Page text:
Does Iraq have the capability of having chemical and biological weapons?

I would not be able to say categorically whether they have it or not. I have known Iraqi soldiers and officers like no one else. It would be naive on anyone's part to think that the Iraqis would not have these weapons. They are bound to have them but I think they have been sensible enough not to use them. Unless they are pushed to the wall and are left with no choice.

Americans say the fact their forces found chemical suits indicates that Iraq has chemical and biological weapons.

A chemical suit is protective equipment to save yourself from gas. In World War I when gas was used hundreds and thousands of chemical suits were around. Having a chemical suit does not mean you are going to attack with chemical weapons. It could also mean when the Americans attack with chemical weapons they should not be left wanting. A chemical suit is always kept for your protection. If you have the chemical ability and you want to use the weapon then you use the chemical suit to save yourself.

How long will this war last?

It is a difficult question to answer. I would put it the other way round. We went to Pakistan on September 6, 1965, thanks to Lal Bahadur Shastri, then the prime minister of India. I remember The Times of India ran a headline on September 8, 1965: 'Jawans on the outskirts of Lahore.'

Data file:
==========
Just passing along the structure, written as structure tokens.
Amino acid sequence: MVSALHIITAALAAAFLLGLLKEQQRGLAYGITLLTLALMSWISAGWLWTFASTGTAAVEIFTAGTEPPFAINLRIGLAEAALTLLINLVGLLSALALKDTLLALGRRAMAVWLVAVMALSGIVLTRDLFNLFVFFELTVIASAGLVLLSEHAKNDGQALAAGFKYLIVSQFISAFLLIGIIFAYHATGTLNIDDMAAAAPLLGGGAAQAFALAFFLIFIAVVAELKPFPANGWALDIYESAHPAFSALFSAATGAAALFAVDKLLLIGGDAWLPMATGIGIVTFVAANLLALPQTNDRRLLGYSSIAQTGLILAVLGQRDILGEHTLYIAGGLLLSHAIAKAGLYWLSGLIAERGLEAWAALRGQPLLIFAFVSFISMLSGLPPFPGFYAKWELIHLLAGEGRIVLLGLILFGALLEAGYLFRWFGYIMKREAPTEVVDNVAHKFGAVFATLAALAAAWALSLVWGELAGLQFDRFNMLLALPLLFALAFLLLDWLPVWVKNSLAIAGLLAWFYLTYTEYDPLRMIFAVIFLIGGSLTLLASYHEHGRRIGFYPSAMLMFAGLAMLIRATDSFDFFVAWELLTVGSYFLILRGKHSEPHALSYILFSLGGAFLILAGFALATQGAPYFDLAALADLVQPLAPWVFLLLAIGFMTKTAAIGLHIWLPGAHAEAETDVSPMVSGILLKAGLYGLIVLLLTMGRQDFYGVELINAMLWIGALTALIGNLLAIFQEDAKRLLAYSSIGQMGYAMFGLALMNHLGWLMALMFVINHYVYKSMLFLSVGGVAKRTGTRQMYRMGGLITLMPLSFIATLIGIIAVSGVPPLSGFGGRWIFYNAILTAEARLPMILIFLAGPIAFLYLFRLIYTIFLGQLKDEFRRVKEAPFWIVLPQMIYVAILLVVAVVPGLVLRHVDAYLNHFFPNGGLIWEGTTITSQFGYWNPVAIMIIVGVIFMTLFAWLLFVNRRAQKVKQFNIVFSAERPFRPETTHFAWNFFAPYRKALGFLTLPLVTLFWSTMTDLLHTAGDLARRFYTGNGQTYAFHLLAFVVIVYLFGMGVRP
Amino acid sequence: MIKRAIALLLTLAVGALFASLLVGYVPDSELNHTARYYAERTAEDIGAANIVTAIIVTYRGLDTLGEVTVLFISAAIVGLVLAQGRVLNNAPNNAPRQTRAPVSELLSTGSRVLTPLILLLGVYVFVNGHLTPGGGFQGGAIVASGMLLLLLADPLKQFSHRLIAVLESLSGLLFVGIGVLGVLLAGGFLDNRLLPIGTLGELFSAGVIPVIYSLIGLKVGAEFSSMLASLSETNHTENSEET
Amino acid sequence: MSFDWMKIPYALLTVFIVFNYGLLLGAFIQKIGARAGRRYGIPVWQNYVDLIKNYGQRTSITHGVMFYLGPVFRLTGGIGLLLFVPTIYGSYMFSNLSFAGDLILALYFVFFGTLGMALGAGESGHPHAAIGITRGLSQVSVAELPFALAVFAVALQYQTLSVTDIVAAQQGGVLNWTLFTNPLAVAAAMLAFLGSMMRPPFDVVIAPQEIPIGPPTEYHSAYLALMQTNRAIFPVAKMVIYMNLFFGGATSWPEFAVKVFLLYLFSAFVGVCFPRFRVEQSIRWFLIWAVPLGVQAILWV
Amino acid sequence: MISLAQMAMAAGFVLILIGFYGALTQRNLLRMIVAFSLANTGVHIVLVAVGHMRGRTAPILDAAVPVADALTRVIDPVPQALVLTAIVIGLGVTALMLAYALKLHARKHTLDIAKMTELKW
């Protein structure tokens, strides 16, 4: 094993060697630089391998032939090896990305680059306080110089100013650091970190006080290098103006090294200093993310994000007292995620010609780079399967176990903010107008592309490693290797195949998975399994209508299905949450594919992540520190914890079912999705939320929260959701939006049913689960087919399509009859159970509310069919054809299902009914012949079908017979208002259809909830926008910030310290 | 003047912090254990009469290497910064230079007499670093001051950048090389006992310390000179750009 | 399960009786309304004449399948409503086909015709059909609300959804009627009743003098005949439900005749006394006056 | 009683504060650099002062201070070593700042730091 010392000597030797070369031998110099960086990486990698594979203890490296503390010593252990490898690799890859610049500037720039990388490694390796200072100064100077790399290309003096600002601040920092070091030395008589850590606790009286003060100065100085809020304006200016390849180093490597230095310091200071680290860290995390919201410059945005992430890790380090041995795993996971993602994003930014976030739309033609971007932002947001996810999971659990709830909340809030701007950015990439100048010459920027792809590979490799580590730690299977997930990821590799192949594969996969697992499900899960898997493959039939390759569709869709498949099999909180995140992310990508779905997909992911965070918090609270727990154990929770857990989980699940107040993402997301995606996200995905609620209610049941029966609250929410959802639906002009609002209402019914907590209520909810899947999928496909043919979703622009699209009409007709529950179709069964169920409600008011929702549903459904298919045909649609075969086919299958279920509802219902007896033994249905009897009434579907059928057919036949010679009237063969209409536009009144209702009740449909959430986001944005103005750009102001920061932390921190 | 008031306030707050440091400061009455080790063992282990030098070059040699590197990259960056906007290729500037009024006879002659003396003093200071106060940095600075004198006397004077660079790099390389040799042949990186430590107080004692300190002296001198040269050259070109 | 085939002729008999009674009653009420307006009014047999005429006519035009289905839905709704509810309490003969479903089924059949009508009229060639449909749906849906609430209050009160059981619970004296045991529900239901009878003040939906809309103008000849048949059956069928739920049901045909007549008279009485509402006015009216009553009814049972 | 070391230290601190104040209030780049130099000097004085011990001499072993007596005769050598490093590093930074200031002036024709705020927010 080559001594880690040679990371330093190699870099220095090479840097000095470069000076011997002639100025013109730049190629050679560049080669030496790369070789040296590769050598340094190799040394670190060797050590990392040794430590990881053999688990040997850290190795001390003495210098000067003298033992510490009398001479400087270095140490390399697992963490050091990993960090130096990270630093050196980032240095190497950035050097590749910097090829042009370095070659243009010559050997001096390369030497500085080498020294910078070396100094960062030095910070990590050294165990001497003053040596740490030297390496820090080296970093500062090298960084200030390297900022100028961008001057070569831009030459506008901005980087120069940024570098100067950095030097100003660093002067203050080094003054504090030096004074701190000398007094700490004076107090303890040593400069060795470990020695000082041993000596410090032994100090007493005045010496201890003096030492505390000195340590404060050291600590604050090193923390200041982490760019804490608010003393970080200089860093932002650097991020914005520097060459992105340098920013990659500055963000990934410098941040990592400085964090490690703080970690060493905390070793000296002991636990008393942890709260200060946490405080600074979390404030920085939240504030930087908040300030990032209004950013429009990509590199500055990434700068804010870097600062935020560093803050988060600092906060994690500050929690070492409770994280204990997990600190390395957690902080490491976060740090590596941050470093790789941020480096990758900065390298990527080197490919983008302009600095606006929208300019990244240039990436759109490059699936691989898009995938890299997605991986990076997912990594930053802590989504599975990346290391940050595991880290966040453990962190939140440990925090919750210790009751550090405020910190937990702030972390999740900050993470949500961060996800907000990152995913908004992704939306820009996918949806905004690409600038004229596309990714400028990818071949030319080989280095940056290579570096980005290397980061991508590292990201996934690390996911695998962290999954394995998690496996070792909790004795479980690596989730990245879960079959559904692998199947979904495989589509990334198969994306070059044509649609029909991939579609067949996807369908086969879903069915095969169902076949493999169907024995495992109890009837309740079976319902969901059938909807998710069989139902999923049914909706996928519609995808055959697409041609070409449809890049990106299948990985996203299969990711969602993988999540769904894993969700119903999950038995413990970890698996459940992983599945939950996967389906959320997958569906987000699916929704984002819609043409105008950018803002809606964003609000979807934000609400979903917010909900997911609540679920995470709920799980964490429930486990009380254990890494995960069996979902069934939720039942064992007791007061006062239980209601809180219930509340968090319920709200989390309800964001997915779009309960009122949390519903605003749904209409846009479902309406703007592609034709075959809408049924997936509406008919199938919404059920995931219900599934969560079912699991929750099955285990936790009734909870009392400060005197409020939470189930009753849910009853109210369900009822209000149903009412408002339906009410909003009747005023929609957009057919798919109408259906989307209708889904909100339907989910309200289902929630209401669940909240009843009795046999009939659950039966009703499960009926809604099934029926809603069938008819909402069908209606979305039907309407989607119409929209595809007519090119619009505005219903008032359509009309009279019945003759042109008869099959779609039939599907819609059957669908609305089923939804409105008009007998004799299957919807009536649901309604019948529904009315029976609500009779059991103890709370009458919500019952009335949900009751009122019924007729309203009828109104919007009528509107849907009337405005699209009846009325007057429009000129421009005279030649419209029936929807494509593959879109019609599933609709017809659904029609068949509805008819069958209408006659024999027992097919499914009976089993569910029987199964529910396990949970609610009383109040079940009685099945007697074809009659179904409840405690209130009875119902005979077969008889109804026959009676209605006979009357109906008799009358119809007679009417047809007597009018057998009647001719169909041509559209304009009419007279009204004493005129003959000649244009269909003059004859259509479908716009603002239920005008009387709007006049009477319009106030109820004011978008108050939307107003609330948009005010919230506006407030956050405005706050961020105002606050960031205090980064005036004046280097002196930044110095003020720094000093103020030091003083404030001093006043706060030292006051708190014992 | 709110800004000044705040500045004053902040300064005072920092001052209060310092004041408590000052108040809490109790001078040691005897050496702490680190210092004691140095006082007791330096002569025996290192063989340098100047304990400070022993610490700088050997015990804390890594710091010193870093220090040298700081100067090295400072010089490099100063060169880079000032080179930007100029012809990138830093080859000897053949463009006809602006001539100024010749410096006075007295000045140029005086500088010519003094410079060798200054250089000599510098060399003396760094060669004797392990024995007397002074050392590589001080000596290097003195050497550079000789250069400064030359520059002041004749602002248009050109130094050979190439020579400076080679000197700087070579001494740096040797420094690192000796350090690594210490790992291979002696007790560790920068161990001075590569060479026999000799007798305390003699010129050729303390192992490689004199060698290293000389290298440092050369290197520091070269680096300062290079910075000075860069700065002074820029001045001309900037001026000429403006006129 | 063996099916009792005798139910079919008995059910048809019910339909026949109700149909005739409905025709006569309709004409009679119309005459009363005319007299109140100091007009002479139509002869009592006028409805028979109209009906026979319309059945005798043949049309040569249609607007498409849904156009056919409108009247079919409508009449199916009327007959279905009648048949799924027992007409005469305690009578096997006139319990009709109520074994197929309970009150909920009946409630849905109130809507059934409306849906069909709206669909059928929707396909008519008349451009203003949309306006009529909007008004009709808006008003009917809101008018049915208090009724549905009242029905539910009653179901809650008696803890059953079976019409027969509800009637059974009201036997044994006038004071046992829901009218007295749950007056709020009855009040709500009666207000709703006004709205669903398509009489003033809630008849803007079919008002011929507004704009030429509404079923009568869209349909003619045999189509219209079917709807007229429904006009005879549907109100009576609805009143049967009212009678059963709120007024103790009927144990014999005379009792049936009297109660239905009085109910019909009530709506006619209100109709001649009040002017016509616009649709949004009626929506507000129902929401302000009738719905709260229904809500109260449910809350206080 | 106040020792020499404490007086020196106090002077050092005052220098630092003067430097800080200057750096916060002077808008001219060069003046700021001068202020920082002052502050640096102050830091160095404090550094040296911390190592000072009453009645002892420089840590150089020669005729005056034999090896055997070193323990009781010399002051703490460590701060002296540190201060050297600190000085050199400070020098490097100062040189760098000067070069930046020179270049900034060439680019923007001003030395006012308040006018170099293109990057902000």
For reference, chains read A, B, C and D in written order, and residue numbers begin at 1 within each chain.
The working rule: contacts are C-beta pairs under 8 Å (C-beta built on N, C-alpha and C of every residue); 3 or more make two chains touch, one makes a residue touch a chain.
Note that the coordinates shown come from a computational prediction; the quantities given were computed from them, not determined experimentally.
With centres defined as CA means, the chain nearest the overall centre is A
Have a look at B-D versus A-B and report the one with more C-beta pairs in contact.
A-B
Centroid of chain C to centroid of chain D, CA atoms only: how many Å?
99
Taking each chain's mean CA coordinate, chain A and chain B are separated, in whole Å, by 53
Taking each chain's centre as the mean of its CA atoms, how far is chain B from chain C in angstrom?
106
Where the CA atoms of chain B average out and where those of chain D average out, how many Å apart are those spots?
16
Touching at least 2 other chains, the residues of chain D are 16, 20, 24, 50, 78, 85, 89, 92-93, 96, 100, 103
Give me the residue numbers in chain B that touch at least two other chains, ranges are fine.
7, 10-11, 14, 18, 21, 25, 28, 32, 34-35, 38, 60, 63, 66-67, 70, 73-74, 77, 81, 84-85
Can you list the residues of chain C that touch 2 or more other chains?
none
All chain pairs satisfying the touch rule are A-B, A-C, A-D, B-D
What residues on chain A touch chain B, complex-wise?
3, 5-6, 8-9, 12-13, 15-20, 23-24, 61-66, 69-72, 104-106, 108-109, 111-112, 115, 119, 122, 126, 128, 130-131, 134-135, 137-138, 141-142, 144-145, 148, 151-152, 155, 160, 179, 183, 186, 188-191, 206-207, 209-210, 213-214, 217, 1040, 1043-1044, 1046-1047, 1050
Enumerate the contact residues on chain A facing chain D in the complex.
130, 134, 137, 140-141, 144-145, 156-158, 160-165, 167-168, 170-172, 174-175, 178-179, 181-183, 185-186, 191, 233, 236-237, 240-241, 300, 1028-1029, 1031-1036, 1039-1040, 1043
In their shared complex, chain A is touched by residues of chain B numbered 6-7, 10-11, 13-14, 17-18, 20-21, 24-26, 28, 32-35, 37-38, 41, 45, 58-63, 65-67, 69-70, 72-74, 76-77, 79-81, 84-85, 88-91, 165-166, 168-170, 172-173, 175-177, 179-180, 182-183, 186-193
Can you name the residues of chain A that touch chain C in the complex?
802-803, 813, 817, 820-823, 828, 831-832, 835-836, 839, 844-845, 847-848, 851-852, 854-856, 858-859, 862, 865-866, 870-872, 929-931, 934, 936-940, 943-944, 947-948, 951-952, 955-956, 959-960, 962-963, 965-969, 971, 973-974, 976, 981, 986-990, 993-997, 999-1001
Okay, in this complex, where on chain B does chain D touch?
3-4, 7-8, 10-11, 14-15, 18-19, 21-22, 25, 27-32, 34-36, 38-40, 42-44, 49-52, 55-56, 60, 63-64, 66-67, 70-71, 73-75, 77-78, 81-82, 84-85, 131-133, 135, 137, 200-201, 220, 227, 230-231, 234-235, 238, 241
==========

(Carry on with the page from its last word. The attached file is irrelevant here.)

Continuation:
The day the ceasefire took place the jawans were still on the outskirts of Lahore. These kinds of claims are premature. Umm Qasar has just been secured. Basra has not been secured as yet. Nasiriyah is far from being captured leave alone being secured. Bitter fighting is going on near Najaf.

One important factor that has played a crucial role is Turkey. It did not allow American forces to use its land to mount an assault on Iraq. All these troops had to be moved to the south. On that side, all you had was US Airborne Brigade 173. They first throw pathfinders or paratroopers. Then helicopters land with light weapons, then you create an airfield. You first secure the airfield and then slowly build up troops. That brigade is not sufficient to mount an assault on Baghdad from the north.

But they have already secured an airfield in the north.